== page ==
Corporate Law Update
- ESMA publishes updated Q&A on MAR
- Takeover Panel publishes further checklists
- ICSA, IA publish joint guidance on stakeholder engagement
- FRC publishes report on dividend disclosures
The European Securities and Markets Authority (ESMA) has updated its Q&A document on the Market Abuse Regulation (MAR).
ESMA has added a new Q&A 5.2 covering the situation where an issuer delays the disclosure of inside information, but that information ceases to be price-sensitive (and, therefore, inside information) before it is published. ESMA has confirmed that, in these circumstances:
- When the information ceases to be price-sensitive, it is no longer subject to MAR and the issuer does not need to disclose it.
- Likewise, when the information is disclosed, the issuer is not obliged to inform its national competent authority (in the UK, the Financial Conduct Authority) that it delayed disclosure.
- However, the issuer does need to comply with its obligations to draw up and maintain an insider list and maintain all relevant information in relation to delaying disclosure.
The Takeover Panel has published three checklists that need to be completed and sent to the Panel by the financial adviser to an offeror or offeree company when certain announcements are made. These follow the four checklists and four supplementary forms published by the Panel in December last year.
The new checklists are:
- Checklist when making a possible offer (Rule 2.4) announcement.
- Checklist when distributing a possible offer (Rule 2.4) announcement under Rule 2.11.
- Checklist when distributing a firm offer (Rule 2.7) announcement under Rule 2.11.
ICSA: The Governance Institute and the Investment Association (IA) have published new joint guidance on how boards can engage with their companies’ various stakeholders. The guidance has been endorsed by the Minister for Small Business, Consumers and Corporate Responsibility.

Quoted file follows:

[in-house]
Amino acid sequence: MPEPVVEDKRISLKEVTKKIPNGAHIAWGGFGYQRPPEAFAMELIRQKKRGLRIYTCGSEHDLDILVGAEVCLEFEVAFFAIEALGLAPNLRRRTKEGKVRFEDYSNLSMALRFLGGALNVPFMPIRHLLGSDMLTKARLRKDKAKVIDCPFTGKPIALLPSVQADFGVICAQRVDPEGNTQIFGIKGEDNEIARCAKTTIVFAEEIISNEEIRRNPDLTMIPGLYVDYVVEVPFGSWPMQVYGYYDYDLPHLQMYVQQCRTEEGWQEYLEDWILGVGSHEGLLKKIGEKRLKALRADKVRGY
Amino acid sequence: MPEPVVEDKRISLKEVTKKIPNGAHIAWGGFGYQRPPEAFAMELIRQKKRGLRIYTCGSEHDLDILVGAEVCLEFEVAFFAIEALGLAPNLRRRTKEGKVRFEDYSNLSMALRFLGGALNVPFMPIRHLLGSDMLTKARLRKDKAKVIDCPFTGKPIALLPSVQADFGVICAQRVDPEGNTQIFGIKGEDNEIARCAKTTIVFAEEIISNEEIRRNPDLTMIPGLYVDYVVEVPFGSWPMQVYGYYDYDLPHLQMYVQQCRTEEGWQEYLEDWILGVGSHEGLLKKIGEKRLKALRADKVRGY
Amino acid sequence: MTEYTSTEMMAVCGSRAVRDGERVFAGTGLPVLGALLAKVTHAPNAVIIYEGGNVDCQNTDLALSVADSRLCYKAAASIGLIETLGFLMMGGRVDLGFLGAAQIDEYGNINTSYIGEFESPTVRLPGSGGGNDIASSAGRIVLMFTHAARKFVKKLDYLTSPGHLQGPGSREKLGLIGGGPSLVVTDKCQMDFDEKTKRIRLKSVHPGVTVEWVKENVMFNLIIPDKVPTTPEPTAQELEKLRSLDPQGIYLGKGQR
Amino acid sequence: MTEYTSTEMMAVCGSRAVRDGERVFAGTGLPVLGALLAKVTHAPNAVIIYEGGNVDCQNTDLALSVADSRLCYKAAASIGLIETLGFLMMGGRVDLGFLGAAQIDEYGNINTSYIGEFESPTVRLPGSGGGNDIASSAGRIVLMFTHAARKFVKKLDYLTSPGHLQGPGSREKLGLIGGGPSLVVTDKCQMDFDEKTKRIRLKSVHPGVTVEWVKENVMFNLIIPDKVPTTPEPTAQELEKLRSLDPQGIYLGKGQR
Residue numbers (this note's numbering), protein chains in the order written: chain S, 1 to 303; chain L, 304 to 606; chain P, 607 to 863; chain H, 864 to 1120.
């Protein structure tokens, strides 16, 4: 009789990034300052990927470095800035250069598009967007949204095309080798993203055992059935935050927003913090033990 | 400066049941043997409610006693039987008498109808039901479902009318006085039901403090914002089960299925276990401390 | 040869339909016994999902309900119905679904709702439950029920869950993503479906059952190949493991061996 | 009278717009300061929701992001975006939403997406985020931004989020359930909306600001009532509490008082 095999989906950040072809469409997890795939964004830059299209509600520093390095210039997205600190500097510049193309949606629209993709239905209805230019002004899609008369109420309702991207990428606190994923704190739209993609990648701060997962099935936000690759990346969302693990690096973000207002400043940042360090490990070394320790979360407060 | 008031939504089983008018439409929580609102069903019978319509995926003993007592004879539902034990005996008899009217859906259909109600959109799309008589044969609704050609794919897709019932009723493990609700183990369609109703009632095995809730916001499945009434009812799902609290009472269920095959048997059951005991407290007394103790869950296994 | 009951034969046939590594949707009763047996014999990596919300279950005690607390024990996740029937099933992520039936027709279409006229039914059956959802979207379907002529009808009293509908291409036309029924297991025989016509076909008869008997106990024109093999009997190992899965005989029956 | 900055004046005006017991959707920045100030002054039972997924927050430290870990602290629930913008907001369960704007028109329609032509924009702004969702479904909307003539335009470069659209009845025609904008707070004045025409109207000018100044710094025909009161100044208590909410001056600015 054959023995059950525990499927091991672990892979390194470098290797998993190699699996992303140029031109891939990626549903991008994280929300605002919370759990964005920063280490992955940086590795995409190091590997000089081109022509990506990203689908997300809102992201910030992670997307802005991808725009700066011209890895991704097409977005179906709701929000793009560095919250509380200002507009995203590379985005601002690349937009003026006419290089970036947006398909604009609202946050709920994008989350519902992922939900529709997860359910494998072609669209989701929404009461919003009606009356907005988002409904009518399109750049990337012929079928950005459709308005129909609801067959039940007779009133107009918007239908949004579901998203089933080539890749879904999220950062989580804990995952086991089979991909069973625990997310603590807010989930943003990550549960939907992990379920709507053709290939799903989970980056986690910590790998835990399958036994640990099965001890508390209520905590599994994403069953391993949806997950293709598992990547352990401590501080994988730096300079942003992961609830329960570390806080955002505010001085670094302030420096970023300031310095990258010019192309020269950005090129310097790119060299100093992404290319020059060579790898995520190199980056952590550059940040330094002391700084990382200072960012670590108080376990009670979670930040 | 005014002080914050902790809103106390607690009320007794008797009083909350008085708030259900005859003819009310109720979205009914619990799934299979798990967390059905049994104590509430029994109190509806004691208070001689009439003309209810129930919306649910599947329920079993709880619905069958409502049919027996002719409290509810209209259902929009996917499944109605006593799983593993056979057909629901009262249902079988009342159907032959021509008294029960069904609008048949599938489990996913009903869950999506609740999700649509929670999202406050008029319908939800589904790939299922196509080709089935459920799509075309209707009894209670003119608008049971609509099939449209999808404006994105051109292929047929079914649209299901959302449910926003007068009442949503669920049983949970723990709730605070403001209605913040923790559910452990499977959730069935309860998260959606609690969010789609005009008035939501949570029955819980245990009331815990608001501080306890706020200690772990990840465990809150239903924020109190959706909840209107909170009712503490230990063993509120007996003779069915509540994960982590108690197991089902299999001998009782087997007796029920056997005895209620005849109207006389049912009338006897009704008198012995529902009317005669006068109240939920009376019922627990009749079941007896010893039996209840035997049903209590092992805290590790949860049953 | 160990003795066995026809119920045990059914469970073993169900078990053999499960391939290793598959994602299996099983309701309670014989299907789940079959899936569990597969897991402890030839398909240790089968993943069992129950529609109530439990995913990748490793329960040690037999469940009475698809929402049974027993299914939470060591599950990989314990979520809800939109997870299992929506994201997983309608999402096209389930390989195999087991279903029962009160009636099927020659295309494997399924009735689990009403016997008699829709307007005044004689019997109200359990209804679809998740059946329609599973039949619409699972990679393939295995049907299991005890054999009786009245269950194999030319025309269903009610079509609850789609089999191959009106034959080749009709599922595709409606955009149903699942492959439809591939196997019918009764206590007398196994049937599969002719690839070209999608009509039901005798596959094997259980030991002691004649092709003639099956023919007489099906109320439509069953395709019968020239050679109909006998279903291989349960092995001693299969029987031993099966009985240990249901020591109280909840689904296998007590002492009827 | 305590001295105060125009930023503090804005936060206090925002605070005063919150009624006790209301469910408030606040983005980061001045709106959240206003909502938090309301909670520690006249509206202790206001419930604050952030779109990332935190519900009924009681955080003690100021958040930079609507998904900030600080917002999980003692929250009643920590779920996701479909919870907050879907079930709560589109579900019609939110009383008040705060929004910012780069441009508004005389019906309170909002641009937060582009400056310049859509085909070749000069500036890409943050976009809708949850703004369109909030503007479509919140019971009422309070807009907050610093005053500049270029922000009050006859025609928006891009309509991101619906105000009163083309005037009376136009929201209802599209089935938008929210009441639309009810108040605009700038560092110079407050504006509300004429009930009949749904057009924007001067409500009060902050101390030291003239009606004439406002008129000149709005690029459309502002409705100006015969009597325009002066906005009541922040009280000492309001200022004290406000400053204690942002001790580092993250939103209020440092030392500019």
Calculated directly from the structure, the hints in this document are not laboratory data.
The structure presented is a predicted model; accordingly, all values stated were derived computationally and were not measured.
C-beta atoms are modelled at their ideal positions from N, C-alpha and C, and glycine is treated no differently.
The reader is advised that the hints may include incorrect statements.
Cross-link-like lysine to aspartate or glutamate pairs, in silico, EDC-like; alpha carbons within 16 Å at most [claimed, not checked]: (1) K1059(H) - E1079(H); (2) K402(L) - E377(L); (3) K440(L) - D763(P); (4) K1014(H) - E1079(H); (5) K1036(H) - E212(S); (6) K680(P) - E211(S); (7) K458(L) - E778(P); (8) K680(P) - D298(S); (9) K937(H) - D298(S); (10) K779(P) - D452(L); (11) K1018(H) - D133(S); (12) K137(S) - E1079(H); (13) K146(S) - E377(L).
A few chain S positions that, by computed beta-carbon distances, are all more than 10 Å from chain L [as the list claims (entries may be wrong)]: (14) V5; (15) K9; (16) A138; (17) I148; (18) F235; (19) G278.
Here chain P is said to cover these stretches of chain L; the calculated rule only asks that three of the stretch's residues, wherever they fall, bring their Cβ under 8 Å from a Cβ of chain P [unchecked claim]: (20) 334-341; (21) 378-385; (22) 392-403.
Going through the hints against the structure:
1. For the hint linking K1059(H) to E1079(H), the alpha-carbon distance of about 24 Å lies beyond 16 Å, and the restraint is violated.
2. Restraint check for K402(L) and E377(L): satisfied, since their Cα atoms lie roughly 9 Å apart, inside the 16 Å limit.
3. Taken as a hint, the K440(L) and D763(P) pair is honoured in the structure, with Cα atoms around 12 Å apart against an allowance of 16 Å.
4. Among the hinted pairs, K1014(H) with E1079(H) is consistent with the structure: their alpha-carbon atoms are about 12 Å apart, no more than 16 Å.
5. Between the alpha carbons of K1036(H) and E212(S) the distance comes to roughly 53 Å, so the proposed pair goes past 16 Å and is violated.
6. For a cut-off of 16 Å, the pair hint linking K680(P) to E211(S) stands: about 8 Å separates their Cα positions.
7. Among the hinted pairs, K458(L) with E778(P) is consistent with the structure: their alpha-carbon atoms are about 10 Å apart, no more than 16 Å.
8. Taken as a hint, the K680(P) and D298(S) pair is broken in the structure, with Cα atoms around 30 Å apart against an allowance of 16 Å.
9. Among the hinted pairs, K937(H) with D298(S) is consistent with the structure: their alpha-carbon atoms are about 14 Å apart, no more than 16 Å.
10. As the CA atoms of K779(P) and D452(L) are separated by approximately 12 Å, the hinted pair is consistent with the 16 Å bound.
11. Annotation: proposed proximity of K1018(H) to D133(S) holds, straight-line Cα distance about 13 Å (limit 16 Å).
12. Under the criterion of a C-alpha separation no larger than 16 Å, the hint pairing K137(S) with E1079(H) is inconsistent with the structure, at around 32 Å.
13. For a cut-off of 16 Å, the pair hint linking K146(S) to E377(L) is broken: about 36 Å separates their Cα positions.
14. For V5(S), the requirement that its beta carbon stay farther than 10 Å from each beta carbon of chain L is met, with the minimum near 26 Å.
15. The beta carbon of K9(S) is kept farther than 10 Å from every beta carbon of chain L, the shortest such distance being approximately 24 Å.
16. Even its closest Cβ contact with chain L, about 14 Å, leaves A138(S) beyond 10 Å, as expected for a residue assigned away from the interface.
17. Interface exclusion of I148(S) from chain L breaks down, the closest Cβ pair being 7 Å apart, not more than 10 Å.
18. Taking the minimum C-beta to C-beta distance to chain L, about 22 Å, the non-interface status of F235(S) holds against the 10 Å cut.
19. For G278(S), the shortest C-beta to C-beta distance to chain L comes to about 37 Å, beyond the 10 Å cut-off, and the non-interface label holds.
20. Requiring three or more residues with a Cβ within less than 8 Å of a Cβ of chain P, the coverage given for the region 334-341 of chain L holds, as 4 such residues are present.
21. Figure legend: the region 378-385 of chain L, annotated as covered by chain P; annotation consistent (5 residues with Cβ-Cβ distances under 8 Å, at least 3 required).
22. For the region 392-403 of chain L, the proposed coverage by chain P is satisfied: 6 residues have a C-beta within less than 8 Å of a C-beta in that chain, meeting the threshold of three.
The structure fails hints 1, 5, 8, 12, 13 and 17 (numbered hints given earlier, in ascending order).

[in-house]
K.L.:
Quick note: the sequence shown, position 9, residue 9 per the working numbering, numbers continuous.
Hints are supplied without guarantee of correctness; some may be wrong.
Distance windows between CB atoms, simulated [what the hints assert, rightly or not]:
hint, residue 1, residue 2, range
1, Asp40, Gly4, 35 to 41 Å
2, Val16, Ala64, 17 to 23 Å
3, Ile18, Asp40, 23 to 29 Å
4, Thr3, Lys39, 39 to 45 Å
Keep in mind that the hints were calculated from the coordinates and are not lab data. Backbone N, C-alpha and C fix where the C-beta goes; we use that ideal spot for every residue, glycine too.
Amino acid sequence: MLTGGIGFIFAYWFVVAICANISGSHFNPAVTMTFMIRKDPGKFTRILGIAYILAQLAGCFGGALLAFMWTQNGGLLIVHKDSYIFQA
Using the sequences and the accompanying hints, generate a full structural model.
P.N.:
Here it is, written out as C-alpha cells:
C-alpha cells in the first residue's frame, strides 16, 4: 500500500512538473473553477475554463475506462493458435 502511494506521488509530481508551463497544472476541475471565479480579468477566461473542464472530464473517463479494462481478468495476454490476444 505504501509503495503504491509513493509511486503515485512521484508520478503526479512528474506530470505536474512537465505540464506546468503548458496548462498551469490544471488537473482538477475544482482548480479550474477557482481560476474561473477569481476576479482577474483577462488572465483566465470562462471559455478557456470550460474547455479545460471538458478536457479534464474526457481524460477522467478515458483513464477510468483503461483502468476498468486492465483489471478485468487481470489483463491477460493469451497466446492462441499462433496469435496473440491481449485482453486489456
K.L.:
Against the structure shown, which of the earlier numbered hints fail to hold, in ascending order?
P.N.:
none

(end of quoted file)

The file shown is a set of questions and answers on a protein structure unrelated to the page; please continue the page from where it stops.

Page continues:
The guidance is divided into ten core principles and seven themes. We set out the key points below:
- Identifying stakeholders. The guidance recommends that boards identify who they consider to be their key stakeholders and why, and with which stakeholders they need to engage directly.
The guidance specifically notes that stakeholders include both people on whom a company’s business impacts and people whose actions affect the company’s business. It notes that some stakeholders, such as workers and customers, will be common to all companies, but, beyond this, each company’s key stakeholders will differ according to its size, industry and location.
- Board composition. Boards should identify what stakeholder expertise they need in the form of directors with relevant experience and work this into their recruitment process.
The guidance suggests companies consider two, complementary approaches: reserving a board position for a director drawn from a stakeholder group, and appointing a non-executive director with experience of a particular stakeholder group. The guidance focusses on employees, but suggests that boards consider other stakeholder groups as well.
The guidance was drawn up in advance of the Government’s response to its own corporate governance green paper. These two approaches can now be supplemented by a third one, namely creating a formal representative committee for a stakeholder group (e.g. a works council).
- Training. The company’s directors should all receive training on stakeholder-related matters, including on induction and particularly where they have no previous board experience. The guidance contains suggestions for possible training activities.